One other remark as to General Bragg's halt after the Confederate victory at Chickamauga. His beleaguering of the Union army for a whole month in its stronghold at Chattanooga is by no means conclusive evidence that he blundered in his failure to immediately assault General Rosecrans in his intrenchments. While admitting that, however shattered the ranks of the victor, the ranks of the beaten army are always in still worse condition, it must be remembered that assaults against breastworks, as a rule, are most expensive operations. Pemberton had been beaten in a series of engagements before he was driven into his works at Vicksburg; yet with his small force he successfully repelled for months every assault made upon those breastworks by General Grant. General Lee's hitherto victorious veterans recoiled before the natural battlements of the Round Tops and Cemetery Ridge at Gettysburg. On June 27, 1864, General Sherman assaulted with tremendous power the strong position held by General Joseph E. Johnston's retreating army; but General Sherman's loss was nearly ten for every Confederate killed or wounded. The experience of General Nathaniel P. Banks in his assault upon the Confederate forces behind their breastworks at Port Hudson furnishes possibly a still more convincing proof of this truth. Page after page of similar illustrations might be taken from the records of our Civil War. It may be true that Chickamauga had brought temporary demoralization to portions of Rosecrans's army; it may be true that General Grant did say to General Sherman at Chattanooga, "The men of Thomas's army have been so demoralized by the battle of Chickamauga that I fear they cannot be got out of their trenches to assume the offensive." But when he witnessed their superb assault upon Missionary Ridge he must have changed his opinion. It may be true -- it is true--that had General Bragg assailed the Union army after Chickamauga, he would have had the advantage of the momentum and ardor imparted to a column in a charge; but he would also have been compelled to overcome the feeling of security imparted to troops protected by heavy breastworks and the increased effectiveness of their fire. General Longstreet assailed the breastworks at Knoxville after the Chickamauga battle; but his superb battalions were powerless before them.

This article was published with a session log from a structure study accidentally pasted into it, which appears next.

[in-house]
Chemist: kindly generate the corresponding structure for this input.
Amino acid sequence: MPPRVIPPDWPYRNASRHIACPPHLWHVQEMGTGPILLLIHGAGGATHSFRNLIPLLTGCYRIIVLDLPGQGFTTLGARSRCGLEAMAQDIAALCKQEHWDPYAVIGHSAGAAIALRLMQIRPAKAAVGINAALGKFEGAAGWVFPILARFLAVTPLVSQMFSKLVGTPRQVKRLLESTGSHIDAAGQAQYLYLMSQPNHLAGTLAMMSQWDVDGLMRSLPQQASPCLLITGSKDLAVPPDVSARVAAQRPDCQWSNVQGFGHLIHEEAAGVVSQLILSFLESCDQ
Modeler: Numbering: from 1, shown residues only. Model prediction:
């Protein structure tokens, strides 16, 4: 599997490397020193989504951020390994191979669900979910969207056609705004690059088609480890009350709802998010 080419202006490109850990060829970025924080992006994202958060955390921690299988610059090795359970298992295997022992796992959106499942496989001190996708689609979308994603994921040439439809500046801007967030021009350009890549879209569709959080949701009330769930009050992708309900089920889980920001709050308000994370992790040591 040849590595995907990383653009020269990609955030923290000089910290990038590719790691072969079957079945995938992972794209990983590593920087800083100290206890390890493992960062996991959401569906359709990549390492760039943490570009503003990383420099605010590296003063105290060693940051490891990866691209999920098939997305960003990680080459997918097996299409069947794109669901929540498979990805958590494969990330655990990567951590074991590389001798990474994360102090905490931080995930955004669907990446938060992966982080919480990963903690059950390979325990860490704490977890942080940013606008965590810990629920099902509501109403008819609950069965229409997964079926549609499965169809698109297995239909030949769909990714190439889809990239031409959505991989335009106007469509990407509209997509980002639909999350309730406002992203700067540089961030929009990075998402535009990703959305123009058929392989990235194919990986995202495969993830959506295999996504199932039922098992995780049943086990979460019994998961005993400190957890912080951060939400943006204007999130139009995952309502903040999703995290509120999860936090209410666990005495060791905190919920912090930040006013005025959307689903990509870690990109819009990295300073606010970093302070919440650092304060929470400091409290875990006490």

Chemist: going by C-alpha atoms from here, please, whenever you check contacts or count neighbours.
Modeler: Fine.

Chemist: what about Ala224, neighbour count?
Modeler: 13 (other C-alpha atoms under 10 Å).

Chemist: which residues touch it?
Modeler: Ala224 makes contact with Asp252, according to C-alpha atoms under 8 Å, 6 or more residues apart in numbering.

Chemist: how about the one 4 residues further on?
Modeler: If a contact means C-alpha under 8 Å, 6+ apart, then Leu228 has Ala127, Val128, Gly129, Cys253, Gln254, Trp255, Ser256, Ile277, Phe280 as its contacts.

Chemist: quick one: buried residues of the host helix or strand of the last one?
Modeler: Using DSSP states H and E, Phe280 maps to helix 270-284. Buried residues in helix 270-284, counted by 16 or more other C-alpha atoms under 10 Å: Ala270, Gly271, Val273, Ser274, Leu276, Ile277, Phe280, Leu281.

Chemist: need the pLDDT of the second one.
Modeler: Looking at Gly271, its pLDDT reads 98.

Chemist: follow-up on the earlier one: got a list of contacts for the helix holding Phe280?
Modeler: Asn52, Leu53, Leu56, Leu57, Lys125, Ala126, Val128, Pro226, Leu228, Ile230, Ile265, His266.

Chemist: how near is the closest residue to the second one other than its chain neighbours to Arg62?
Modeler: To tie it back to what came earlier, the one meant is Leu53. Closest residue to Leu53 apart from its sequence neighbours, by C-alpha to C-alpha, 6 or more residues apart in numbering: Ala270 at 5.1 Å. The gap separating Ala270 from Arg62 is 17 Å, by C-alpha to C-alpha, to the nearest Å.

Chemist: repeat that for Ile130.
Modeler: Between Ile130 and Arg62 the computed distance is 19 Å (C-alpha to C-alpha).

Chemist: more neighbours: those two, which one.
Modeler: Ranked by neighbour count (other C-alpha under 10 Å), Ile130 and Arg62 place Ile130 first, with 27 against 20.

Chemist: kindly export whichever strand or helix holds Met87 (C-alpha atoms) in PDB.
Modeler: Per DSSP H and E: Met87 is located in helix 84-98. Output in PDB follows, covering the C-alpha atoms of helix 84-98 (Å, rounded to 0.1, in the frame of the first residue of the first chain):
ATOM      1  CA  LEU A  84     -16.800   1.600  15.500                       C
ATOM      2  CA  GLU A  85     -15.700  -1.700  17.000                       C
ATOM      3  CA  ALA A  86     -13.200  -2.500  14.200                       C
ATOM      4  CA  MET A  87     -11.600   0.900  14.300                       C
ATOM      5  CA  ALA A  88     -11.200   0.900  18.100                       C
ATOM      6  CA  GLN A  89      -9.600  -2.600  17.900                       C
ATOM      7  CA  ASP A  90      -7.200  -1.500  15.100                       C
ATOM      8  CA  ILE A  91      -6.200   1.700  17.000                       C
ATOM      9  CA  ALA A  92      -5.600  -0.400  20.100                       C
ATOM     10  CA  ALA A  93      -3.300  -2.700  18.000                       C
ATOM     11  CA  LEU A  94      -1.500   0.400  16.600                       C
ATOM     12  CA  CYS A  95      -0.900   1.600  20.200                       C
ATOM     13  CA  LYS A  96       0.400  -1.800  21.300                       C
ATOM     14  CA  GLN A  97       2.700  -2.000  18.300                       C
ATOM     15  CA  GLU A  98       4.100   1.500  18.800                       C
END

General Bragg's mistake, therefore, it seems to me, was not his decision to besiege rather than assault the Union army in Chattanooga, but it was the weakening of his lines by detaching for other service such large bodies as to reduce his army to a mere skeleton of its former strength. While Bragg was reducing his troops to an estimated force of about 25,000 men by sending off Longstreet and Buckner and the Confederate cavalry, General Grant, who had displaced Rosecrans and assumed command at Chattanooga, was increasing his army in and around that city to 100,000 or more. By his official report it seems that after the arrival of his two corps from the East and General Sherman's army from the West, he had on the 25th of November, when the advance was ordered, about 86,000 men, armed and equipped, ready for the assault. I recall no instance in the history of our war, and few in any other war, where, on so contracted a field, was marshalled for battle so gigantic and puissant an army.
More than two thousand years ago occurred a scene which Missionary Ridge recalls. On the plains of Marathon, Datis, under the orders of King Darius, assembled his army of Persian warriors, whose number did not differ widely from those commanded at Chattanooga by General Grant. Confronting Datis was the little army of the Greeks under Miltiades, the great Athenian, in whose veins ran the blood of Hercules. Posted along the Attican range of mountains, this little army of Athenians looked down upon the vast hosts assembled against them on the Marathon plain below as Bragg's small force of Confederates stood on Missionary Ridge and the slopes of Lookout Mountain, contemplating the magnificent but appalling panorama of Grant's overwhelming legions moving from their works and wheeling into lines of battle. The two scenes -- the one at Marathon, the other at Chattanooga--present other strikingly similar features. The ground on which the respective armies under Datis and Grant were assembled bore a close resemblance the one to the other. Crescent-shaped Marathon, washed by the winding bay, had its counterpart in that crescent formed at Chattanooga by the Tennessee as it flows around the city.